Road is what happens when a group of boys get together to play cops and robbers, and nobody wants to be the cops. There’s a lot of gun pointing, a lot of carpet f-bombing and a lot of accusations regarding the others’ dedication to brotherhood. I should note that this is all done in fun. For the most part, the writer/director, Nas Vitae, knows he’s not making high-art, and that frees him to make something as fun as it is stupid. And it is stupid.
“Road is what happens when a group of boys get together to play cops and robbers, and nobody wants to be the cops.”
It begins with several armed criminals pouring out of the side of a white van, which is essentially a clown car for crooks. They proceed to rip off some other guys, also up to no good; this gives each of them the perfect opportunity to be introduced with an on-screen graphic, and one of them to rub his nose in a pile of cocaine like a curious puppy. Then, the film jumps forward to a time when the group is fractured. Unlike the other members, Shokka (Cameron Caan) has gone straight, but with the mysterious death of his brother, he immerses himself back in the toxic waters of his former life. In other words, just when he thought he was out, they—all together now—pull him back in. It’s a tried-and-true crime fable, surely told as a bedtime story to little lawbreakers everywhere.
While the story itself will have you scratching your head at some points and manually holding your eyelids open at others, there are some moments that stand out. In one scene, Shokka goes to an arms dealer for a weapon. The dealer’s walls are covered, top to bottom, with every gun imaginable; it looks like a man-cave for a psychopath. Shokka wants to buy something practical. The dealer starts with offering him an RPG, then works his way down. I’m not sure if the scene was supposed to be as amusing and ridiculous as I found it to be, but judging from some of the film’s other scenes, such as one where two common thugs operate a tank to kill a single person, I’m going to chalk it up to “intentional.” But, at the end of the day, does it matter? I think not.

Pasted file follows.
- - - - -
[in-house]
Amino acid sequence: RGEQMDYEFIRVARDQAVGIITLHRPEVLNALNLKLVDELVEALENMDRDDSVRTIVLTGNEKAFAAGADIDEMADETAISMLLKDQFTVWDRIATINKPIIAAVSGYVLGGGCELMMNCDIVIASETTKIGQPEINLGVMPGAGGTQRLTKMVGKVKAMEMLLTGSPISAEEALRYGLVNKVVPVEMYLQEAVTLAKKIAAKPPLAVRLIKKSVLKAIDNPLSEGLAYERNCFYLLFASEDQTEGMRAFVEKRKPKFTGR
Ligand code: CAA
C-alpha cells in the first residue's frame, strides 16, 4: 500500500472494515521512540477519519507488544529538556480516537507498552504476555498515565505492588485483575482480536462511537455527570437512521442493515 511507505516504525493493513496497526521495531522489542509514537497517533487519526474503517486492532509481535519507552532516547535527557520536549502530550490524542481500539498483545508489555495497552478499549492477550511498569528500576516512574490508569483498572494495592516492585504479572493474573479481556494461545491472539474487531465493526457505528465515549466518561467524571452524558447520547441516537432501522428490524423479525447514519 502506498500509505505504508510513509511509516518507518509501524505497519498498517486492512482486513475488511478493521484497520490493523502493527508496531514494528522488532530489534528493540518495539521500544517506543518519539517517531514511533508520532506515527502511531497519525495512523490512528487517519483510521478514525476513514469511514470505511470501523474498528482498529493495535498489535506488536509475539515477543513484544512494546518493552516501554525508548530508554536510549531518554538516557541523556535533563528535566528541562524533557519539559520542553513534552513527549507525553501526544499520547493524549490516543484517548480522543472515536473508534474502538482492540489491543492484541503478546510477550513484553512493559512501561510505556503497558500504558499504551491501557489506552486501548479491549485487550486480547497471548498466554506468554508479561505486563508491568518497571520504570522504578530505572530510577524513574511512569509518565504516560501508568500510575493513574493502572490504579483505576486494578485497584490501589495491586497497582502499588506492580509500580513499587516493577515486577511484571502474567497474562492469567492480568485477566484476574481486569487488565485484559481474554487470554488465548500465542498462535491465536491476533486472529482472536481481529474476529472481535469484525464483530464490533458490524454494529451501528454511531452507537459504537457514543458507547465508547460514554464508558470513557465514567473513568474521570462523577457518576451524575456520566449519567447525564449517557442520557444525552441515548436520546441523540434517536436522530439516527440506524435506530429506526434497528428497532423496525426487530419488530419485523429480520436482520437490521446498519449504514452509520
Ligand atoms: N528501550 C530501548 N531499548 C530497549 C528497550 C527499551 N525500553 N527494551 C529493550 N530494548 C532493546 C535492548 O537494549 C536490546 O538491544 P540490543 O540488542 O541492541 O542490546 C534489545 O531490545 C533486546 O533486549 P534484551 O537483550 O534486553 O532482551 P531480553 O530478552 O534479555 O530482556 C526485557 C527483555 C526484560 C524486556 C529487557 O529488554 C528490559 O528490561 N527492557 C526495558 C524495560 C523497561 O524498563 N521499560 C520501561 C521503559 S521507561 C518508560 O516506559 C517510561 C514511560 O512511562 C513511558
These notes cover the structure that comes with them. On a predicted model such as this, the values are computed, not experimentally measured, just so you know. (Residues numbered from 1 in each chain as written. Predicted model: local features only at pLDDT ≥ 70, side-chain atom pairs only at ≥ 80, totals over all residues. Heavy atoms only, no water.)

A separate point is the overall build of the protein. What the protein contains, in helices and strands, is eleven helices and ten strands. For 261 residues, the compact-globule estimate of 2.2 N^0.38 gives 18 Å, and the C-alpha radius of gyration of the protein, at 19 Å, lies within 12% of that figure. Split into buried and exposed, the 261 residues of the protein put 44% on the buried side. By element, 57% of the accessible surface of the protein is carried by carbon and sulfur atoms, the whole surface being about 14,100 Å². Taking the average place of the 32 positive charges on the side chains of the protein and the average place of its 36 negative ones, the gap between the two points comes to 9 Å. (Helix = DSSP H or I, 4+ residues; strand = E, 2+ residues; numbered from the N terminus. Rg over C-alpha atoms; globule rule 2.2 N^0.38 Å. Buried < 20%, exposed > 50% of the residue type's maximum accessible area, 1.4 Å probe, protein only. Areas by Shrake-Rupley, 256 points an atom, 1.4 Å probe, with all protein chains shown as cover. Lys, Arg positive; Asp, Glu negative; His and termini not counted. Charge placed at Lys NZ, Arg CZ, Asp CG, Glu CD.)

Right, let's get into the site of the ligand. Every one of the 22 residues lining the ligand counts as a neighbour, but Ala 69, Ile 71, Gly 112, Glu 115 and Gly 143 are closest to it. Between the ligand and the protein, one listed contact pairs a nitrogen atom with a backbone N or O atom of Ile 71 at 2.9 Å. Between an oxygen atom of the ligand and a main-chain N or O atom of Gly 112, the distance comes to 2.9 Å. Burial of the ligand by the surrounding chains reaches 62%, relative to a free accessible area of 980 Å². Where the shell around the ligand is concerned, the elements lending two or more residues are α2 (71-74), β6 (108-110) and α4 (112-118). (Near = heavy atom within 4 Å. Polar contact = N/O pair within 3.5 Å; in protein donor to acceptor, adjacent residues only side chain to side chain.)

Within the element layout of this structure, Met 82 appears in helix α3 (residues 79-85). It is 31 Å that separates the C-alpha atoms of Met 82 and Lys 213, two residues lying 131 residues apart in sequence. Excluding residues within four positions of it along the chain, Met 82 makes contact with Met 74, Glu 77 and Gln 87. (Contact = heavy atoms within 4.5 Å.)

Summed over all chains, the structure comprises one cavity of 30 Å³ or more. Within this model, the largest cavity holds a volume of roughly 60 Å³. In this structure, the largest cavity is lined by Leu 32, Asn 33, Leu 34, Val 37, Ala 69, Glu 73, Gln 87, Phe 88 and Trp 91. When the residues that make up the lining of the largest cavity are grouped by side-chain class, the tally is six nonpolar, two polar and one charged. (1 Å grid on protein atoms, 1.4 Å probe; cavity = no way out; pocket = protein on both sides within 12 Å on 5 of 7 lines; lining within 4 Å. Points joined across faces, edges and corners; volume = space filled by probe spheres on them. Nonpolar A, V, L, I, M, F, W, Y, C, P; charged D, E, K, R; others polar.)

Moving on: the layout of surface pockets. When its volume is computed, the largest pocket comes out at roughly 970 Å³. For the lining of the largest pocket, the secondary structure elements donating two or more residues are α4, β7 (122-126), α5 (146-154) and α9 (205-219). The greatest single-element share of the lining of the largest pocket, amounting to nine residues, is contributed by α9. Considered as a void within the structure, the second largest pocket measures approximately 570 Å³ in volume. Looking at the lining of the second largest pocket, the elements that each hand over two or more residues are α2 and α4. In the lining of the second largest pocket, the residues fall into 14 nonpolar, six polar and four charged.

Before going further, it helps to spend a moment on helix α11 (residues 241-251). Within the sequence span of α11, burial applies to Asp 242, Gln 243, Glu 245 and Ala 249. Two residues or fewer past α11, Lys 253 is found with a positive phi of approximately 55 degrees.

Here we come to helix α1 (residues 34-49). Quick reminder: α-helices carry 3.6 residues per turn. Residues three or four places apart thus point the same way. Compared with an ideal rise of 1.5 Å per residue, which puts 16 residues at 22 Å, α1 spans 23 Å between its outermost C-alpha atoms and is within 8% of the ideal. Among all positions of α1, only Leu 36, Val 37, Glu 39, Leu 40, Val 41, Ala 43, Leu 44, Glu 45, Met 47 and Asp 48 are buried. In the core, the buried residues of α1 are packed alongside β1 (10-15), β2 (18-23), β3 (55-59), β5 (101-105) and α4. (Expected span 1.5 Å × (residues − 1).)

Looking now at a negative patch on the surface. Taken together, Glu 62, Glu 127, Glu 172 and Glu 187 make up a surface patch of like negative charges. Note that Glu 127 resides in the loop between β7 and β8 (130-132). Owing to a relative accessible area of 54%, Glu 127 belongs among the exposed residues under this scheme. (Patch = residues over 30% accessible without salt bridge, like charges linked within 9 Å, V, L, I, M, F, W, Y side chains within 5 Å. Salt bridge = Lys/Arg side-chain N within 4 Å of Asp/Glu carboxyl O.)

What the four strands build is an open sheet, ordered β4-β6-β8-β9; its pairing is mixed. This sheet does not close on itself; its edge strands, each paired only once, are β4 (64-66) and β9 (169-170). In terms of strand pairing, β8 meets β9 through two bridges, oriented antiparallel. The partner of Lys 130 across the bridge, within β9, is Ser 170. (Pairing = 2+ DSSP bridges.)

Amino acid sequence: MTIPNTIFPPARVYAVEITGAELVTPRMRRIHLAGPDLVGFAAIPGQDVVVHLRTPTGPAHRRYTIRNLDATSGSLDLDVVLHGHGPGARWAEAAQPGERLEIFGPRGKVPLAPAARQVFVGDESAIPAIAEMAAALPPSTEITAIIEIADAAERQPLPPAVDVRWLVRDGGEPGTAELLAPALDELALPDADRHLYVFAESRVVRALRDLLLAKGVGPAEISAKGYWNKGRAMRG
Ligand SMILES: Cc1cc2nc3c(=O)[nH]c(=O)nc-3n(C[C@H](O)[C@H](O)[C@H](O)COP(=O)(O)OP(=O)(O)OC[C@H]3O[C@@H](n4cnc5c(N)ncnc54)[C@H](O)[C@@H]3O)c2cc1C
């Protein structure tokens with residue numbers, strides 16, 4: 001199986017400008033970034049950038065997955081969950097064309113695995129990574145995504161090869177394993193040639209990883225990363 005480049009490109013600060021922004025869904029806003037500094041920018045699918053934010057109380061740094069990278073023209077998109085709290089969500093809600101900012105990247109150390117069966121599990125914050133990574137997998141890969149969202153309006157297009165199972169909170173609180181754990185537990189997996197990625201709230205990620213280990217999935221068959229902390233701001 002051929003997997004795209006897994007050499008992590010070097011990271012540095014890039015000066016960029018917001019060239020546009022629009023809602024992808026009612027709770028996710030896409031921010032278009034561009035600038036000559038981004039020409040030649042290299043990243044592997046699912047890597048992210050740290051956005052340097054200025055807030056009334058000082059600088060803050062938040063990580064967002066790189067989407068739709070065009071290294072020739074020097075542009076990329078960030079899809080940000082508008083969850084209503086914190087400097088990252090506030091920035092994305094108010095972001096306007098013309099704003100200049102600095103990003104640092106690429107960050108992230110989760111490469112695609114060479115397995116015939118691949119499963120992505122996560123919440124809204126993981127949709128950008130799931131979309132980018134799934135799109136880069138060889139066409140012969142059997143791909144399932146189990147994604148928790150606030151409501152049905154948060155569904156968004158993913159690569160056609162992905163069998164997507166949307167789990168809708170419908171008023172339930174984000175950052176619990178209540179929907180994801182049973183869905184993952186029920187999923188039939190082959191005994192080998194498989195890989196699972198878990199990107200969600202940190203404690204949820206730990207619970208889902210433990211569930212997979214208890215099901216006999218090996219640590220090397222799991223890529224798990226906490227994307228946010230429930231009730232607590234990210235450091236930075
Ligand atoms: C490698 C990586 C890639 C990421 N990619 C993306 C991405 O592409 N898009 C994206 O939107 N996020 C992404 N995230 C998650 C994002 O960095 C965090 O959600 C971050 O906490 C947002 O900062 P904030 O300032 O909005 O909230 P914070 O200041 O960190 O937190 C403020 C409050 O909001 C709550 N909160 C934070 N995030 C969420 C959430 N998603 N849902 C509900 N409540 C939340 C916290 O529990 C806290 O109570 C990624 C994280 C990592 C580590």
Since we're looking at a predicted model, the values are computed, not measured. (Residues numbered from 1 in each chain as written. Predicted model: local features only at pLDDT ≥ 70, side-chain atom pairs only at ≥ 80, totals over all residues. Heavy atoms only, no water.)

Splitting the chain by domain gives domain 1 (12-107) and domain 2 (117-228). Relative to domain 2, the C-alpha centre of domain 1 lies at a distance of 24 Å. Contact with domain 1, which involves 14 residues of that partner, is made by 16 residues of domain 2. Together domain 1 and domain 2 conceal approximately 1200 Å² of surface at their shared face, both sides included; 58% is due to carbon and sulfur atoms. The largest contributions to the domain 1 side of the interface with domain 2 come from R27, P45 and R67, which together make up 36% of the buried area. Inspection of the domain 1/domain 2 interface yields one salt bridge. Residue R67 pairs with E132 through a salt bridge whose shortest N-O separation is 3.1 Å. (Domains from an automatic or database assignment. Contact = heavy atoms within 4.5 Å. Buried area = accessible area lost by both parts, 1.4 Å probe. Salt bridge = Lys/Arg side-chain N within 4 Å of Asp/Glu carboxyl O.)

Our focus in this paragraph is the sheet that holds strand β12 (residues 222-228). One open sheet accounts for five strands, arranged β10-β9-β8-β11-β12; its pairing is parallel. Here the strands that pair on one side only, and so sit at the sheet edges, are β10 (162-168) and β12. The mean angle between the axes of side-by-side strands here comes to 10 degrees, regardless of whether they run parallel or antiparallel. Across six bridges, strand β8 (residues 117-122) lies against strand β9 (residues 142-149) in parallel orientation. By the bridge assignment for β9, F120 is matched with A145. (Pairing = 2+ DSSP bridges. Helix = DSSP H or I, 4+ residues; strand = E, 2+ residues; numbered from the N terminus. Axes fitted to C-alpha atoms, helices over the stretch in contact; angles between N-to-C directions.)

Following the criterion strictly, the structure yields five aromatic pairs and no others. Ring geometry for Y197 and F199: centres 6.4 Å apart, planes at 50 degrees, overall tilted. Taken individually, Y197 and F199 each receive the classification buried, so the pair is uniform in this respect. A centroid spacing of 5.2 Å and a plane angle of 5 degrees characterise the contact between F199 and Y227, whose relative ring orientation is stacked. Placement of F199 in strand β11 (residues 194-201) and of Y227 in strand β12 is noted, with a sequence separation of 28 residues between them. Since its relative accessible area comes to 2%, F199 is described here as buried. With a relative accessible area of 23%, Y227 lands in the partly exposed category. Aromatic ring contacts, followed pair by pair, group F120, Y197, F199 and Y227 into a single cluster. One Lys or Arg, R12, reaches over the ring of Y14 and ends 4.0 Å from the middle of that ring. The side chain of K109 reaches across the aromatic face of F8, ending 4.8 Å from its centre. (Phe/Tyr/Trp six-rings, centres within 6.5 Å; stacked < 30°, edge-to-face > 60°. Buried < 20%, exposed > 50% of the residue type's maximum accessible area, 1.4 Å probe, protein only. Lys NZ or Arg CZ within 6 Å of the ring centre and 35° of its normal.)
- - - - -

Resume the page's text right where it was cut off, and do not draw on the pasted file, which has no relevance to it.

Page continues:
“…functions primarily as a moment-to-moment attraction for those of us easily amused by hokey crime-operas, fast cars and over-the-top violence.”
There’s also some impressive stunts, considering the film’s obviously low budget. There’s a fight scene between Shokka and a nearly-nude numbskull that begins with some modest punching but quickly evolves into the kind of melee where a grand piano becomes a viable weapon. With the film’s fetishization of cars, it should come as no surprise that some time is reserved for a good ol’ fashioned car chase. It’s nothing special, but it’s clean, loud and the cars look good. A quick note: when a new car appears, a graphic pops up, detailing the car’s specifics. The graphics look like something I would have seen in my Nintendo 64 days. If you don’t have the money to make them look good, ditch them. They don’t add anything to the experience, anyway.
With little in the way of story or characters, Road functions primarily as a moment-to-moment attraction for those of us easily amused by hokey crime-operas, fast cars and over-the-top violence. It’s not high-art. Hell, it might not be art at any elevation. But, it’s just as entertainingly lunkheaded as a multimillion-dollar “Fast and Furious” flick, with a fraction of a fraction of the budget. That might not be the most desirable accomplishment, but it’s something.
Road (2017) Directed by Nas Vitae. Written by Nas Vitae. Starring Cameron Caan, Dylan Duffus, Ray Sinclair, Sunjay Sharma, Tayo “Scorcher” Jarret, Ricci Guarnaccio, Dr Zeus, Tom Zanetti, Roach Killa, H Dhami, Winston Showan, Joel Eccleston, Bambi Bains, Shortie, Shelby Billingham, Shin Dcs, Kailiee Ryder, Chandni, Queen Tugz.
2.5 out of 5